Are student loans worth the debt? The answer—it depends. How much debt will you go into? For what are you going into debt? How fast do you plan on paying them off? Is the degree you are going broke for going to overcompensate for your debt? All of these are important questions to ask before diving headfirst into the seemingly bottomless pit that is student debt.
According to American Student Assistance nearly 12 million of the 20 million Americans attending college each year take out student loans. And as of 2012, there is between $900 billion and $1 trillion in outstanding student debt in the US. And from Business Insider college tuition has increased by over 400% since 1982 (yet medical care has only increased by 200%), even though college students typically spend less than 30 hours a week on their studies.
How can we avoid student debt? Well, honestly, sometimes you can’t. Especially those entering graduate and doctorate programs; not many people have that kind of cash to throw around. The plus side of going into debt for such programs is that typically the payout can be very high and often companies will pay for part of the loans for their new employee. American Student Assistance continues from above that as of 2012, only 700,000 students that took out loans enrolled in the US Department of Education Income-Based Repayment program, which helps those with high debt relative to their income by giving them lower monthly payments.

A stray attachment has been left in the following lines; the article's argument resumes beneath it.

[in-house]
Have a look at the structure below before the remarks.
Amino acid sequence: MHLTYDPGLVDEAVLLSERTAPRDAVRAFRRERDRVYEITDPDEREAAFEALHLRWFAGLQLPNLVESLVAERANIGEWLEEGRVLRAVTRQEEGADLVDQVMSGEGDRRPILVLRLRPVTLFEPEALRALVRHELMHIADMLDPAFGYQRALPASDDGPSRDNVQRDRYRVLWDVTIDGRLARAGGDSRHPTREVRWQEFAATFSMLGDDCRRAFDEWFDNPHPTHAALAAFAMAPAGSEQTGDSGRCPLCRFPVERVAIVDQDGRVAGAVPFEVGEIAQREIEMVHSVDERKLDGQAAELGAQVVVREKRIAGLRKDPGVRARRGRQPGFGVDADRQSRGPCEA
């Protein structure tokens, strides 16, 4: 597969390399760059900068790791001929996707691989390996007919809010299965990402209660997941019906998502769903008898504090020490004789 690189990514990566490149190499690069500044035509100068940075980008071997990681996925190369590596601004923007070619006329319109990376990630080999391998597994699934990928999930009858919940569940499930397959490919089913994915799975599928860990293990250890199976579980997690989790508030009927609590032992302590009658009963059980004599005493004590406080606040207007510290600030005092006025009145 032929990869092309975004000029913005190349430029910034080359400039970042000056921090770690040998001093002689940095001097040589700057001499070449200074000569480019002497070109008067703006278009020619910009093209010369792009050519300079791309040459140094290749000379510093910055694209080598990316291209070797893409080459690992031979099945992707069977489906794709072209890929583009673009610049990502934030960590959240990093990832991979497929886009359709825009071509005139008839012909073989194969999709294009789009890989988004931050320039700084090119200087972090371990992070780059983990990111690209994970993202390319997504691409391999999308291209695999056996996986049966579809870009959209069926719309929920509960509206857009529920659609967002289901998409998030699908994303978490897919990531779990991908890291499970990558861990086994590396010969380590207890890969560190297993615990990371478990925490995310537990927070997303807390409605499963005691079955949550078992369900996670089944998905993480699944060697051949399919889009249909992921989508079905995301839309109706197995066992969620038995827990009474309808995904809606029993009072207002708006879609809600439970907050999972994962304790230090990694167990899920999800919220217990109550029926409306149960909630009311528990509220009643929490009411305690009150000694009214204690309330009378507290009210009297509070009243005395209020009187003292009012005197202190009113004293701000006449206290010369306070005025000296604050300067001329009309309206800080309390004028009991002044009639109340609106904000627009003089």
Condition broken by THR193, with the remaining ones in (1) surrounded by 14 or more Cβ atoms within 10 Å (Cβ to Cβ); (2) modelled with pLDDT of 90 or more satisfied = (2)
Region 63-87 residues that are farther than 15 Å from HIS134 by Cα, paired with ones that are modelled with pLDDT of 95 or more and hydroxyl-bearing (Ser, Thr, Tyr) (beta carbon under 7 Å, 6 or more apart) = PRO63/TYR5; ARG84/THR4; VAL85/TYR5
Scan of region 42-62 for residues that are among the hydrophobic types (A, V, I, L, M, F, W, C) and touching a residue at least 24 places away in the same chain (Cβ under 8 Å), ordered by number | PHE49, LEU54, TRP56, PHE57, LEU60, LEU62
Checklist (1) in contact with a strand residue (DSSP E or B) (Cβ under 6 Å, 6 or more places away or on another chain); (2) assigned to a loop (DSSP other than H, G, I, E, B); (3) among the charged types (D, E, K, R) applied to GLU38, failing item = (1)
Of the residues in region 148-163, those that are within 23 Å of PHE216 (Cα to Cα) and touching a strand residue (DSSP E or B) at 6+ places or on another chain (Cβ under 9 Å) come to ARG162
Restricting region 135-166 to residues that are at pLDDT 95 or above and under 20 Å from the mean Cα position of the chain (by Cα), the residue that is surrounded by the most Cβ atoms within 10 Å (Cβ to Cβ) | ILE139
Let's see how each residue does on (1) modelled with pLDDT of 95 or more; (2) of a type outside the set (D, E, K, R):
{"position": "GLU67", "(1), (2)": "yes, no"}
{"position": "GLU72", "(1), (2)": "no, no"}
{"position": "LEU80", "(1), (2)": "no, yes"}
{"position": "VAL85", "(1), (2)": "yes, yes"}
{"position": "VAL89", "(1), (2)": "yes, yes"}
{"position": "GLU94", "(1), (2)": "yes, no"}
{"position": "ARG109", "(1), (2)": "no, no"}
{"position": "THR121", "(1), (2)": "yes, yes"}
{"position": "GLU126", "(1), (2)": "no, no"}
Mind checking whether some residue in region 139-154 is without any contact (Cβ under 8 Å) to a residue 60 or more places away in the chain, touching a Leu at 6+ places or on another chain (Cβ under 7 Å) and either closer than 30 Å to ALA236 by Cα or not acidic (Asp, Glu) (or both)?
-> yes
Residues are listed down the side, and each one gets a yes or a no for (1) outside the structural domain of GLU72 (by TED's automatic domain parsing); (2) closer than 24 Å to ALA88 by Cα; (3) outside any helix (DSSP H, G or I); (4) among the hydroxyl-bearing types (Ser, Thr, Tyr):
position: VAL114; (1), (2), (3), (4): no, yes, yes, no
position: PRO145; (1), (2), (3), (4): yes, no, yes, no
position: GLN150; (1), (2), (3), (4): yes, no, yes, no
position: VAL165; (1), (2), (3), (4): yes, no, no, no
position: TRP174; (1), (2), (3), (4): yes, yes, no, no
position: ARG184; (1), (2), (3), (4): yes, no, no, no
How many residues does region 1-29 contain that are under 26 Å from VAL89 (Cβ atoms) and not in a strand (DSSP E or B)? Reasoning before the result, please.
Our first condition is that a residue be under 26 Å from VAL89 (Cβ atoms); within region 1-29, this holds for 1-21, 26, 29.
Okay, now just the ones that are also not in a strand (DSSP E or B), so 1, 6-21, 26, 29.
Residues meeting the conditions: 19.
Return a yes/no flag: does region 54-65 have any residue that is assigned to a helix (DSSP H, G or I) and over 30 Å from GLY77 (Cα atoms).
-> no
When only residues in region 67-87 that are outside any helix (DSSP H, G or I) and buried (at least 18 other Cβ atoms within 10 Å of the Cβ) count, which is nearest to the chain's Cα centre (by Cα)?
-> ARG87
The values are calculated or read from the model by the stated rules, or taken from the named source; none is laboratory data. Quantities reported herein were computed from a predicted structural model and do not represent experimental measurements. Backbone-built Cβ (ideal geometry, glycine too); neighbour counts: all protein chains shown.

Another option is student loan consolidation. Basically, for those with multiple student loans, a person can combine their loans into one loan. The benefit to this is that it would give you one monthly payment and one interest rate, potentially a lower rate at that! One can attempt to negotiate the terms of their consolidation themselves, or through a service. It is recommended that you review services online before making the choice for you.
A nearly surefire way to keep student debt under control is to make sure that the degree you are pursuing is what you will want to do for the rest of your life and that the cost of students loans doesn’t outweigh the benefits of your post-college salary. Too many people go into school and change their direction countless times. I’m not saying this is necessarily a bad thing, just be careful. But don’t go into something that you don’t want to be in for the rest of your working life. I hear all time about people going into cosmetology school, $25,000 plus of debt, and never use their license! What nonsense! And around 40% of psychology students will pursue business, law, or some other advanced degree instead of an advanced psychology degree. So just don’t take out loans for something you might not fully pursue after school.
But the absolute best way to stay out of student debt it to start saving early and be smart with your money.
So again I ask, is it worth it? You’ll have to answer that one for yourself.
Frank McCourt is currently solvingt he world banking crisis. He’ll return your calls soon.